other sources (residential or industrial), the

Example with three sources in an ammonia-limited regime. The mass emitted by each source is expressed in moles.

The PM concentrations obtained when one or two sources are active are
similar to the previous example:

The BF-BU approach computes all concentration impacts from the background
concentration (

The top-down approach uses the base case (

The contribution of each source is computed similarly to the non-limited
regime. The production of 33.3 mol of

As shown below, DDM only considers first derivatives, which are not suitable
to estimate higher-order interaction terms. The calculation of the first-order derivatives in this example gives

Schematic representation of the allocation of PM to its sources in the ammonia-limited example. The expected total PM is displayed in the grey bar on the left.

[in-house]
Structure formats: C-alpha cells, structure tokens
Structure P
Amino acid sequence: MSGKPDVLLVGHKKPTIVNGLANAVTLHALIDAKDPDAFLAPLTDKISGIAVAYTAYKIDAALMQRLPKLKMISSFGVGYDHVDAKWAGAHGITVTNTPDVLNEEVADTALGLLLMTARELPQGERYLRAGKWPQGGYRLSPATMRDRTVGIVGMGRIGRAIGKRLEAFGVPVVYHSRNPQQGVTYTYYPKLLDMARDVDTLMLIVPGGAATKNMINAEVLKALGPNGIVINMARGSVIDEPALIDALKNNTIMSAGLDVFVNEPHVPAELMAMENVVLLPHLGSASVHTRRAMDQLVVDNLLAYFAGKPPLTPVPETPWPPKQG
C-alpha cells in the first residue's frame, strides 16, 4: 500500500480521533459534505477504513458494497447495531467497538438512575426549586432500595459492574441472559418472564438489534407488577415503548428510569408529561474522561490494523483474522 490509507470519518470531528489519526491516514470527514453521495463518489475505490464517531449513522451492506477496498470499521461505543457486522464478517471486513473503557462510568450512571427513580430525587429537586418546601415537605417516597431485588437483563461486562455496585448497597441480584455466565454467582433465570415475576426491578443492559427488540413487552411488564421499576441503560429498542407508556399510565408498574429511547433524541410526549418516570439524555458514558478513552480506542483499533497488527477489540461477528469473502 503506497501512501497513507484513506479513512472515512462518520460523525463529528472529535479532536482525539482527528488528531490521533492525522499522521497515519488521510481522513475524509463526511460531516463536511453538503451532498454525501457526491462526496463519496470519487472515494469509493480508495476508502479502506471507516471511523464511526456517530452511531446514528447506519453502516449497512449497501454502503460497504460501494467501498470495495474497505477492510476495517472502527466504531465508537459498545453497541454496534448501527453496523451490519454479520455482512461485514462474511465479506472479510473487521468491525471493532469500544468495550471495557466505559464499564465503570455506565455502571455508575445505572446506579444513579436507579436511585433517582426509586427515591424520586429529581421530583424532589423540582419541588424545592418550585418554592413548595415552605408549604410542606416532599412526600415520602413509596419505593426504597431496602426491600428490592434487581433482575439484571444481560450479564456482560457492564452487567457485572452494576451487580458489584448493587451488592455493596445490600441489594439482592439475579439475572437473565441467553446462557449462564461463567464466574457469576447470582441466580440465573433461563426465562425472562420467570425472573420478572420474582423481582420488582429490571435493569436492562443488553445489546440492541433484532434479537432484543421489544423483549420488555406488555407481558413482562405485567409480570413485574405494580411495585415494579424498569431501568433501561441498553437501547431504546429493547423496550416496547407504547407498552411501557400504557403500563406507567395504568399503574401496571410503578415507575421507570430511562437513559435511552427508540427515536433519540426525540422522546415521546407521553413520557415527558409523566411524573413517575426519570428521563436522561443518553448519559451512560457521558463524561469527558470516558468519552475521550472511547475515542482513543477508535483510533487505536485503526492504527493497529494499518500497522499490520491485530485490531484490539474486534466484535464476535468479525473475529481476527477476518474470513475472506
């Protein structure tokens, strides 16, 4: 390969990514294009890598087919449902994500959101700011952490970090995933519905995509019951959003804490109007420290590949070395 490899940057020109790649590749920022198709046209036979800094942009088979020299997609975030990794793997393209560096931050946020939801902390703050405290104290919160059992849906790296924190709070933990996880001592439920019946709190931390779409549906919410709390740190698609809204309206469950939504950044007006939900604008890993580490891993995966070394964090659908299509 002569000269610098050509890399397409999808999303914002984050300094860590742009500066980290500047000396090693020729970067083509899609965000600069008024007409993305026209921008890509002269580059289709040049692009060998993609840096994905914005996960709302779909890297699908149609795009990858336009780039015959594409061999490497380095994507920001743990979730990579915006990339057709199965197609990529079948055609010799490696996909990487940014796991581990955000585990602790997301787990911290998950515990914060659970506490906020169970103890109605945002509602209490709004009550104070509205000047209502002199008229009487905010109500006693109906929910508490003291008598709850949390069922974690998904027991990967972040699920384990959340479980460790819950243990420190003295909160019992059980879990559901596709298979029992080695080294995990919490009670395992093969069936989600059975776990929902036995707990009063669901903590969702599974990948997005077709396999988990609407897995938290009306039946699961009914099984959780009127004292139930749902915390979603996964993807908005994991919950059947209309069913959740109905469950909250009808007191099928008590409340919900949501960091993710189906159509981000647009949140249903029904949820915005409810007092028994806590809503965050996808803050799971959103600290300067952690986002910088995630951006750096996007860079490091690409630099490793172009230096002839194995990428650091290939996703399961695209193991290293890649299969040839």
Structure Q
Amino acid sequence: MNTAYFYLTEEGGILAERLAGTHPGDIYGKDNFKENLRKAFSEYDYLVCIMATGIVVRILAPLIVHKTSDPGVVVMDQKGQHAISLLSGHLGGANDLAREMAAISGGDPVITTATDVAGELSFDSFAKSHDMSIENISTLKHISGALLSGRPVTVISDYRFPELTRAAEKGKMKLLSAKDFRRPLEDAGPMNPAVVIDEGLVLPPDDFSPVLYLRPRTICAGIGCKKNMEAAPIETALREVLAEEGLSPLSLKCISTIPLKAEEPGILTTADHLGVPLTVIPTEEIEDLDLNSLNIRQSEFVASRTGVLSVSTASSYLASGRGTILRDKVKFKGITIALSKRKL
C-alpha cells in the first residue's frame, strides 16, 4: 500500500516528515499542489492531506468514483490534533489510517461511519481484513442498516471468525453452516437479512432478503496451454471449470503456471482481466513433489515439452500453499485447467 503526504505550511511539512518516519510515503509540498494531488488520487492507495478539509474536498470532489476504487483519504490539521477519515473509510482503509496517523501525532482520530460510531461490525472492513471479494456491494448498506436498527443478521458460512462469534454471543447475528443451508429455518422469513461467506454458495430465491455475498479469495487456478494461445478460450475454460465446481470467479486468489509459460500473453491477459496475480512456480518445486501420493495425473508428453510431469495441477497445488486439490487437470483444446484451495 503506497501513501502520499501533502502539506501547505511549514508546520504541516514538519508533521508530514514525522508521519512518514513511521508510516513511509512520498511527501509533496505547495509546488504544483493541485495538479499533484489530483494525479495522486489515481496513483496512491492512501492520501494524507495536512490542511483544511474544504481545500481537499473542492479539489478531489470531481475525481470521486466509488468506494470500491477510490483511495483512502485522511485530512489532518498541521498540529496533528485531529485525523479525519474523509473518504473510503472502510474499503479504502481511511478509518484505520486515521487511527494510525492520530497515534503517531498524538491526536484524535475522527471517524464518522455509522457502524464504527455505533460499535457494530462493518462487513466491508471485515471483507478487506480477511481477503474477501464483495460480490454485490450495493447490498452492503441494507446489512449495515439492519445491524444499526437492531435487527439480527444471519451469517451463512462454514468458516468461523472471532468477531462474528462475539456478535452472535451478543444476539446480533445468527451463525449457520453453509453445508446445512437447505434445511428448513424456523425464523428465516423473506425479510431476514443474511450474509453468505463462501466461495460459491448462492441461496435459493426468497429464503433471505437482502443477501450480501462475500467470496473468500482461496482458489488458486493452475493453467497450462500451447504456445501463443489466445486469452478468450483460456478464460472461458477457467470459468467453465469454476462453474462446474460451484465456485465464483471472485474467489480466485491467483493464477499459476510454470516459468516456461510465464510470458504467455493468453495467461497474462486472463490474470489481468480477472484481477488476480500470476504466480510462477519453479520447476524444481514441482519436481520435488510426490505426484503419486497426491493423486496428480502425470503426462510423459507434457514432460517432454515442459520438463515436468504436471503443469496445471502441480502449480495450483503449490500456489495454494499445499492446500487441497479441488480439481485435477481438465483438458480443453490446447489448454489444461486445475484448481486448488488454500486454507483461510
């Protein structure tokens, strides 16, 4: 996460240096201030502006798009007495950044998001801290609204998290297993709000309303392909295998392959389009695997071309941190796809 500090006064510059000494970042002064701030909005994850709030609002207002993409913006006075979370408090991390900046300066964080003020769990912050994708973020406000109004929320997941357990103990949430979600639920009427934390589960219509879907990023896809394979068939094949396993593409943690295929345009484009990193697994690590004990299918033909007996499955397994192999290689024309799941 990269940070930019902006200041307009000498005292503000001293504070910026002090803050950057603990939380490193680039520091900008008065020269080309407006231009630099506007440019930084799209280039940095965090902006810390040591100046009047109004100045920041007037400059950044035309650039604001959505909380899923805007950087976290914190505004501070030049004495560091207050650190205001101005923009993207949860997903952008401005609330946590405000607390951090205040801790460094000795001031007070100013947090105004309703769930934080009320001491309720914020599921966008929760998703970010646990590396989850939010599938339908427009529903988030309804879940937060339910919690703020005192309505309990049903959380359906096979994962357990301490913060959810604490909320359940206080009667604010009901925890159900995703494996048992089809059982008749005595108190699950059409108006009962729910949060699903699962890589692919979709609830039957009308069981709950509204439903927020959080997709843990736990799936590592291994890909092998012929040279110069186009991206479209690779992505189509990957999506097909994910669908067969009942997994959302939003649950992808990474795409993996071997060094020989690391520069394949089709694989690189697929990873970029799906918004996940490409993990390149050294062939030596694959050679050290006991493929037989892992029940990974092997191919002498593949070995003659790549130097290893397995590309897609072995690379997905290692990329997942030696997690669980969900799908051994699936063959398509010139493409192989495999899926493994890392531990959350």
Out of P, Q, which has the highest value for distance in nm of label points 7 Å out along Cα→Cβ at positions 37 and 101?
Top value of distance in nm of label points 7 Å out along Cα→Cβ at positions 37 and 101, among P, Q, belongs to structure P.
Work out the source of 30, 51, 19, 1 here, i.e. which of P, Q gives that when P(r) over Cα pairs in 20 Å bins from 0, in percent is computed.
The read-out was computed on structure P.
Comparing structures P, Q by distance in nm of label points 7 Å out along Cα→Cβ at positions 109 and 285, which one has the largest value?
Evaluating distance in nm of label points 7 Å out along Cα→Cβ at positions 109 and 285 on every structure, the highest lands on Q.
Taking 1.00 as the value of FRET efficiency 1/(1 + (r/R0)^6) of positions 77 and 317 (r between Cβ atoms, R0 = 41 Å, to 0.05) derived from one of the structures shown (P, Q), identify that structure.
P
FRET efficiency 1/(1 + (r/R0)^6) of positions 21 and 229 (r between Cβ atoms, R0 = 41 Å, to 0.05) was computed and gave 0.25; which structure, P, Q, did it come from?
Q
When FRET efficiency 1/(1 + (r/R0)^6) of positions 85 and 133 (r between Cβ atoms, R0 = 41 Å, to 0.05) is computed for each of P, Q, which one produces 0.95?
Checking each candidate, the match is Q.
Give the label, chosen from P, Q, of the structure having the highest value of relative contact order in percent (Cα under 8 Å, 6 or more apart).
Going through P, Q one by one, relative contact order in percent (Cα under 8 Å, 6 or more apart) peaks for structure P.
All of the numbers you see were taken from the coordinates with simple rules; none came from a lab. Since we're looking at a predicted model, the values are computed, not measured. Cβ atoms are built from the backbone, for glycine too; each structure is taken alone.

The main difference with respect to the non-limited regime is the appearance of a triple interaction term that will also lead to differences between the BF-TD and the DDM approaches, given the fact that the latter only accounts for first-order terms.

In comparison to the non-limited regime, the calculation of the
concentration impacts resulting from different percentage of emission
reduction shows nonlinear trends (Fig. 6). A discontinuity appears at
50

Evolution of the concentration changes resulting from different percentage of source abatement (top-down approach) for the three sectors (residential, agricultural and industrial).

The methodologies presented in this section aim at decomposing the impact of
an ensemble of sources into different terms attributed to each of the individual
sources. The terms computed by methodologies designed for source
apportionment (like TAG) are named source contributions. Their sum is always
equal to the combined impact of all sources. On the other hand, the terms
computed by sensitivity analysis represent the emission change of each
individual source and their sum is equal to the combined impact of all
sources only if the relationship between emissions and concentrations is
linear (see Sect. 2). Grewe at al. (2010) and Grewe (2013), who used simple
differential equations to reproduce the ozone tropospheric chemistry, also